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Rapid Leak Detection

Leaks in pipelines are a major cause for water losses. While bursts are usually detected immediately, both by the sudden drop in pipeline pressure and by phone calls from concerned citizens, small leaks are very hard to come by – and can lead to a lot of damage if not discovered and fixed rapidly.

Pressure Monitoring              
Quality Monitoring                
Remote Meter Reading         
Efficient Water Management

Little Leak - Big Headache
It's the small leaks that cause the trouble. Losses of a few cubic meters per day don't show on the surface. They only show on the monthly bill respectively in the production statistics, when comparing production volume to volume sold. And then it still might have been consumption through unmetered hook-ups, such as fire hydrants, and not a leak.

Detecting such a small leak usually takes many months. Experiences from Austrian and German water providers have shown that it takes at least 6-7 months to detect a small leak. During that time water loss can be tremendous. In a large distribution pipeline, usually pressurized with 10bar, a tiny leak of only 0.5mm² results in an annual loss of 250m³. But as the leak grows over time, so does the loss. At 5mm² the water losses accumulate to more than 15.000m³ per year!

Wasted energy, excessive pump runtime, wasted chlorine and UV lamps
Even the water lost needs to be purified and pumped. Pumping takes power, be it electricity, be it Diesel oil. Pumping wears down the pump and reduces its lifetime. And it takes a while to pump 15.000 m³! And purifying lost water, be it by chlorination, be it via UV lamps, is again a waste of resources.

And if that little leak is never taken care off – it might eventually lead to a burst, and then it gets even more expensive. So can those little nuisances be detected? The ADCON Consumption Profiling system provides the answer!

Up front please let us define the terms used: when we talk of leak detection we do not refer to pinpointing the exact location of a leak. This is usually done by means of a listening device, which is manually moved along the pipeline. Given the length of municipal distribution pipelines, often several 1.000 kilometers, this can be quite a time-consuming effort.

Consequently ADCON defines leak detection as the identification of the pipeline section, in which a leak has occurred through the creation of a consumption profile.

Bulk Meters in Pipeline Segments
Most distribution pipelines are divided into segments, each of which serves a certain type of customer, be that an industrial facility, a large public building or a residential area. The water that flows through each segment is monitored by a bulk water meter installed at the branch-off.

The Consumption Profile
For many years already these bulk meters have either pulse outputs or Modbus interfaces, both of which can be connected to an ADCON RTU. These outputs are continuously monitored, and every 15 minutes the sum of pulses is stored, or a 15-minute total retrieved from the meter via a Modbus command. With these 15-minute totals the water provider has two very valuable pieces of information at hand:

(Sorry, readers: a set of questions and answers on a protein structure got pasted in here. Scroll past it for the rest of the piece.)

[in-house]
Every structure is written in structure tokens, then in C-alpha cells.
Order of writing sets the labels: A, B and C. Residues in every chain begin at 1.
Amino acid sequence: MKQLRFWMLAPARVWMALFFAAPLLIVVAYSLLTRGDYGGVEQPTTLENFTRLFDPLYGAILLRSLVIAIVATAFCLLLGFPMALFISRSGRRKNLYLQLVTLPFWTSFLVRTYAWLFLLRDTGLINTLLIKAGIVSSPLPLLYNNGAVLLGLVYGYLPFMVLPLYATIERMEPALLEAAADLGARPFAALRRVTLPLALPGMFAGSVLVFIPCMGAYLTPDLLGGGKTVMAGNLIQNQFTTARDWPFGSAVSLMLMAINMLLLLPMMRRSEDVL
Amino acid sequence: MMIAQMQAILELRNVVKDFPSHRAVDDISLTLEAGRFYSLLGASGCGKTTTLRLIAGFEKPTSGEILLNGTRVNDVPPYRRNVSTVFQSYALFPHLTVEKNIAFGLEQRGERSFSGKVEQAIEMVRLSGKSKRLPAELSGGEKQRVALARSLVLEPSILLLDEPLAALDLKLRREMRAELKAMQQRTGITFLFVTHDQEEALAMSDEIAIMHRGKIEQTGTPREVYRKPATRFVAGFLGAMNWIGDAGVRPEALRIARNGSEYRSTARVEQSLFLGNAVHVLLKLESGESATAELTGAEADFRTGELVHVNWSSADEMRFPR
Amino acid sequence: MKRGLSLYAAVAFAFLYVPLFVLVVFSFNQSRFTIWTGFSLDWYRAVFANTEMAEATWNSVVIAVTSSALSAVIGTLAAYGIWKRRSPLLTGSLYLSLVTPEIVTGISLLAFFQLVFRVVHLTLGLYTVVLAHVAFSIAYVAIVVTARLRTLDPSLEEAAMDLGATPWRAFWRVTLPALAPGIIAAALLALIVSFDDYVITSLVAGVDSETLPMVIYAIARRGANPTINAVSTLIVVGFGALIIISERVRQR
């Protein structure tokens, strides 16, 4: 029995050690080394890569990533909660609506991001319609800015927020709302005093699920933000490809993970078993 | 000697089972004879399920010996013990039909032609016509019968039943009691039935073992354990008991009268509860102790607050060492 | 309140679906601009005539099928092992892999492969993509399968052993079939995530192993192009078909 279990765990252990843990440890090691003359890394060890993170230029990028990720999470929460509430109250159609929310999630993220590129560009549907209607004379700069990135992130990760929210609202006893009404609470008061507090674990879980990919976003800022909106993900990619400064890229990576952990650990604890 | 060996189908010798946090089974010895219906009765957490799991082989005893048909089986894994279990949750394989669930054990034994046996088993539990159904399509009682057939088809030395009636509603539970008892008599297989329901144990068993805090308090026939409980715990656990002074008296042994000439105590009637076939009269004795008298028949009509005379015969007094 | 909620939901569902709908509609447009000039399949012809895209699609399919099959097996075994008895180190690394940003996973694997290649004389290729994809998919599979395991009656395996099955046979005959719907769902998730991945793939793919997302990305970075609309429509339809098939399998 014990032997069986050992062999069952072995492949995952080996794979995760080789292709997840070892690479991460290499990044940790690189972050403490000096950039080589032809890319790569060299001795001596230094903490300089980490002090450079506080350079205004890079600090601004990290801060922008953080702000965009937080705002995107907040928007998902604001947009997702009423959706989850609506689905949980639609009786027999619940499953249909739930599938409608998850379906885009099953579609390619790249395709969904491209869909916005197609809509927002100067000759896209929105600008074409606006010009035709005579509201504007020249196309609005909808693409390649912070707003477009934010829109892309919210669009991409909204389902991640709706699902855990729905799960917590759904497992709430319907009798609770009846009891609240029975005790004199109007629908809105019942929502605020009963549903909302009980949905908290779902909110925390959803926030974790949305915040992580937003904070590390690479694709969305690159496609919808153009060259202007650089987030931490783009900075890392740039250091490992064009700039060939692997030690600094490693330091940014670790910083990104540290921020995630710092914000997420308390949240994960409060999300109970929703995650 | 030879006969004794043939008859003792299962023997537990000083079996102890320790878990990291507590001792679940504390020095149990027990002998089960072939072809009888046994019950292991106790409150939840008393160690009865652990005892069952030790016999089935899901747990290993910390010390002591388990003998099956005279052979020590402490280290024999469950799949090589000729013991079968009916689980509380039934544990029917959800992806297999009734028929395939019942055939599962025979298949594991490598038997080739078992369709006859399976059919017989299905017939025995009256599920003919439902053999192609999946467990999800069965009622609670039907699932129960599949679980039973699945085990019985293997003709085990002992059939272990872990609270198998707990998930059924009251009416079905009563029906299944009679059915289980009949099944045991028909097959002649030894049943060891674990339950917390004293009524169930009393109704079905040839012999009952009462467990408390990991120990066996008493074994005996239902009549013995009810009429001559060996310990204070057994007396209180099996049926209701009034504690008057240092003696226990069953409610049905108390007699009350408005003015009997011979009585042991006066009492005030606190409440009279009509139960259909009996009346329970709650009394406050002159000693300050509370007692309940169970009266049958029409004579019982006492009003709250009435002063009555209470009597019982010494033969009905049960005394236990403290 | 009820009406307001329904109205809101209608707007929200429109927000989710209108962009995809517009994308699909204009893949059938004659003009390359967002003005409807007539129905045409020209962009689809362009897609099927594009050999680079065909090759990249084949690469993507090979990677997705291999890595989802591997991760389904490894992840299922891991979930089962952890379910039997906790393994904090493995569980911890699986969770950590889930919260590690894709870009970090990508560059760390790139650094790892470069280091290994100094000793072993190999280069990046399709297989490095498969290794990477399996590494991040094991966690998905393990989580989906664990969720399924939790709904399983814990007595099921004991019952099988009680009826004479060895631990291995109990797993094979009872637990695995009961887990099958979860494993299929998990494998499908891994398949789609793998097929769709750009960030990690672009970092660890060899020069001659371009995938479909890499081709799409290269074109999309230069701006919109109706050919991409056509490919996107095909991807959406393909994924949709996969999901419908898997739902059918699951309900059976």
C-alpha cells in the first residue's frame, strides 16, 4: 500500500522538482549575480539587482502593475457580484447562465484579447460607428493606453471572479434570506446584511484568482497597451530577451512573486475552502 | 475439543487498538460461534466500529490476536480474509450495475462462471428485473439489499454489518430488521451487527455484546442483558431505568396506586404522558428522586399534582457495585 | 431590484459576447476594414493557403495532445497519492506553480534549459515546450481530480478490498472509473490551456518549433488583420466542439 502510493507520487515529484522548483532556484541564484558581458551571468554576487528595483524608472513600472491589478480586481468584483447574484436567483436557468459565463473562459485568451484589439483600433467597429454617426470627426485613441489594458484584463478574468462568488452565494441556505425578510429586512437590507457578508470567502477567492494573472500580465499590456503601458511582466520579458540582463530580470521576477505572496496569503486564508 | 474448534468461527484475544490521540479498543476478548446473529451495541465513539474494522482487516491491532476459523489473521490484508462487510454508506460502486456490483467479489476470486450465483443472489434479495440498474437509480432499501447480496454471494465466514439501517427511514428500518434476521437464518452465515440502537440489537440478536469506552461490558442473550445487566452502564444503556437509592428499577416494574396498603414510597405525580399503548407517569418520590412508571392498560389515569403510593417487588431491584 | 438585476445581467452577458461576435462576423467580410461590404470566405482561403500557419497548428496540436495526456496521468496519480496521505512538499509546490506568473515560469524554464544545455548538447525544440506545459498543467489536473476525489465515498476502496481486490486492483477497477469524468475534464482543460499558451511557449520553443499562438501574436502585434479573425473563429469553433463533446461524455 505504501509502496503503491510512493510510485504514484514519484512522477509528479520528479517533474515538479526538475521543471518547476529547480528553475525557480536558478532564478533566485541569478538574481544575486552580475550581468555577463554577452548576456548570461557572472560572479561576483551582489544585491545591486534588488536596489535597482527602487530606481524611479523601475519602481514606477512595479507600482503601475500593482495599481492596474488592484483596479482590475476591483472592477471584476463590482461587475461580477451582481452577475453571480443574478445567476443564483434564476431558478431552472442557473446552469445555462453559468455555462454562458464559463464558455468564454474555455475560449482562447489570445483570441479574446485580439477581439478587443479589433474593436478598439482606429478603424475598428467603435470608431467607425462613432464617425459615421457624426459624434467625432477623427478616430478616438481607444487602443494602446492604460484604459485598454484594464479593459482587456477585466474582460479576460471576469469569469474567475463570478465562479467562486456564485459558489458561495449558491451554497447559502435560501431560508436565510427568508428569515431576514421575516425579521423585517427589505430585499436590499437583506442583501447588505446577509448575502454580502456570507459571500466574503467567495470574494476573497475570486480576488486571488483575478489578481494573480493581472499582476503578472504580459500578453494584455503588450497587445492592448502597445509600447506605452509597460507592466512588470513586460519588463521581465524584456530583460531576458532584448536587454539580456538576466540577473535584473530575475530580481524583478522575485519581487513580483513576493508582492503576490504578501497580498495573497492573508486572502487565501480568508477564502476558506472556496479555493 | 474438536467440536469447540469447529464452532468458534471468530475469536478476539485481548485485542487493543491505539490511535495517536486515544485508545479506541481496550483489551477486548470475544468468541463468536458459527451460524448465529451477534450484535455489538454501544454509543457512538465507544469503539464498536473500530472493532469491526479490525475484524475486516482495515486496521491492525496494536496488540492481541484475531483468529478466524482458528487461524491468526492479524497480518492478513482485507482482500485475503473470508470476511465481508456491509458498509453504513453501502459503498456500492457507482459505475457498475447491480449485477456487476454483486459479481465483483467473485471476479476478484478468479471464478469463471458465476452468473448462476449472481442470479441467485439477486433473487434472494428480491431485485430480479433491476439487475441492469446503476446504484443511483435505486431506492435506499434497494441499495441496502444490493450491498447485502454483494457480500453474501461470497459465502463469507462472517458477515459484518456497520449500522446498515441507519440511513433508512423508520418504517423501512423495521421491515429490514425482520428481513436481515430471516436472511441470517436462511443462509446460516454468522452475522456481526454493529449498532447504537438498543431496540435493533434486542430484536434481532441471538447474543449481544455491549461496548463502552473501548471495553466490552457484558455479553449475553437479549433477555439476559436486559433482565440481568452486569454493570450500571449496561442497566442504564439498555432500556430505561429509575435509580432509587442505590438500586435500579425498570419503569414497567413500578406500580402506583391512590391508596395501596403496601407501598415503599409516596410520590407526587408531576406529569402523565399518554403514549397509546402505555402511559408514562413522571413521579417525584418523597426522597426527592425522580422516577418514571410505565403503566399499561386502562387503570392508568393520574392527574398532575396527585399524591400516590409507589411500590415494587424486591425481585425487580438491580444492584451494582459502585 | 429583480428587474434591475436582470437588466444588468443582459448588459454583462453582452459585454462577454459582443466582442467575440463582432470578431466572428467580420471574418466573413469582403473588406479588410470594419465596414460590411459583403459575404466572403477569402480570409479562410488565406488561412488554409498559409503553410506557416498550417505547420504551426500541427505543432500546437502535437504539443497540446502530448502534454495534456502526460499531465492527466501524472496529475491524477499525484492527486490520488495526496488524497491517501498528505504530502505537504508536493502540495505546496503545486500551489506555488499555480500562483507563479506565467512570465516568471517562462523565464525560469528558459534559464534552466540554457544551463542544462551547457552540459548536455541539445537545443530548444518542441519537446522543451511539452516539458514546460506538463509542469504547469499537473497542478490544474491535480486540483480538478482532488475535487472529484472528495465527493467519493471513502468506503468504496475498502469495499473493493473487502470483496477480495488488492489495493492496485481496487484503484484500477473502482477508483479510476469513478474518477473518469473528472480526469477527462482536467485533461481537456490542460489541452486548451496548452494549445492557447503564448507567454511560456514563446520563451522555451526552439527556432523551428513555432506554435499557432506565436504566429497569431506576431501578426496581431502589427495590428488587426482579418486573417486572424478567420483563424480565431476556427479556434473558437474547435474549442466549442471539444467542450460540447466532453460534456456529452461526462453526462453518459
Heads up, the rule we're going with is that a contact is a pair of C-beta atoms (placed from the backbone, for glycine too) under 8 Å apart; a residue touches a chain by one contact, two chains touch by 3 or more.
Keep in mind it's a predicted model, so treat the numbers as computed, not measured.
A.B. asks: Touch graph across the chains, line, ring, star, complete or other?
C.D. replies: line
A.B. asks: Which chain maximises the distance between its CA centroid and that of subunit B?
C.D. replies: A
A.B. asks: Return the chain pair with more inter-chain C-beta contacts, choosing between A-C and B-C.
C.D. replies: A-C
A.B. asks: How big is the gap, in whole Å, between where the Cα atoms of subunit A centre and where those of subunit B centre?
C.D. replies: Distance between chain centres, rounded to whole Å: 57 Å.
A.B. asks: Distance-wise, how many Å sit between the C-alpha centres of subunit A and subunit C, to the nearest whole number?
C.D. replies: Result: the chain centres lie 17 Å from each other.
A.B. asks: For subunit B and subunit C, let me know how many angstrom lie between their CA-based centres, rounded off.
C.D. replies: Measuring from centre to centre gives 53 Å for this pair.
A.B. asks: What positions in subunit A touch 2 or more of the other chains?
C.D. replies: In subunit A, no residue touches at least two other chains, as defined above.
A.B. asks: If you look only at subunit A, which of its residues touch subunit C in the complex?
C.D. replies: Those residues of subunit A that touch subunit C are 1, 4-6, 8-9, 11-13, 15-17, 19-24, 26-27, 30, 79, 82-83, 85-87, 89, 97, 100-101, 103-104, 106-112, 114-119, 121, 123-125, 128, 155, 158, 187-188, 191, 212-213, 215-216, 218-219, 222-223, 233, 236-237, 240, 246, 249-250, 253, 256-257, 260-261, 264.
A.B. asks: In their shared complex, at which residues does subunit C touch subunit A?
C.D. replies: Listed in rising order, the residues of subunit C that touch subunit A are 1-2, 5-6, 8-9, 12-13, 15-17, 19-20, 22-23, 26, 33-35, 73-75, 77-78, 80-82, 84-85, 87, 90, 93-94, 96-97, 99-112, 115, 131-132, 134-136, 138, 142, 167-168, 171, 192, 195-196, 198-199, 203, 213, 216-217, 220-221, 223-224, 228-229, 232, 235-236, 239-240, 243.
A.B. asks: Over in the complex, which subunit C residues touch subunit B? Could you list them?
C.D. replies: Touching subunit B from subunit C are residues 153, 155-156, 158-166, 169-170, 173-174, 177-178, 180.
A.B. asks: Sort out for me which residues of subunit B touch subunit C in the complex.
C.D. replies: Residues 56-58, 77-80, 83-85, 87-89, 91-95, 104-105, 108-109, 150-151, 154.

1. At which time of the day how much water is needed.
  2. What is the "night time low"?

The little screen shot top right shows two graphs at the same time: while the purple line shows the level of the reservoir, as water is taken out and it is continuously being refilled, the blue line shows the water consumption in m³. The red line near the bottom indicates the standard night time low for this section.

Analyze the profile - detect the leak
For leak detection it's exactly this night time low that counts. It usually drops to the same level every night. Should all of a sudden the night time low be higher than normal this is good reason to watch. Maybe someone just filled his pool overnight, or a fire had to be put out. Then the night time low will drop back to its usual level the next night. But if it stays at the elevated level, even for a third night, then there is a leak. A parallel shift in the night time low is an unmistakable sign for a leak in the amount of the shift. In the screen shot top right you can see a leak that was immediately detected and repaired on day three. The green line indicates the normal night time low, the red line the new low after the leak had occurred.

The larger screen shot top right in contrast shows a burst. As the pipeline bursts, consumption increases excessively fast, washes away the road, and someone alarms the water company. The pipeline is shut off, the leak repaired, and all is well - easy. The little ones are the tricky ones!

Get an alarm from the system
To make it even more convenient you can set an alarm in addVANTAGE Pro. The condition would compare the usual night time low, e.g. at 2am, with the real consumption at this time. Should this consumption exceed the standard night time low by a user-set percentage, the system will automatically send an alarm message.

Set the ADCON consumption profiler up well, and most leaks can be detected almost over night!

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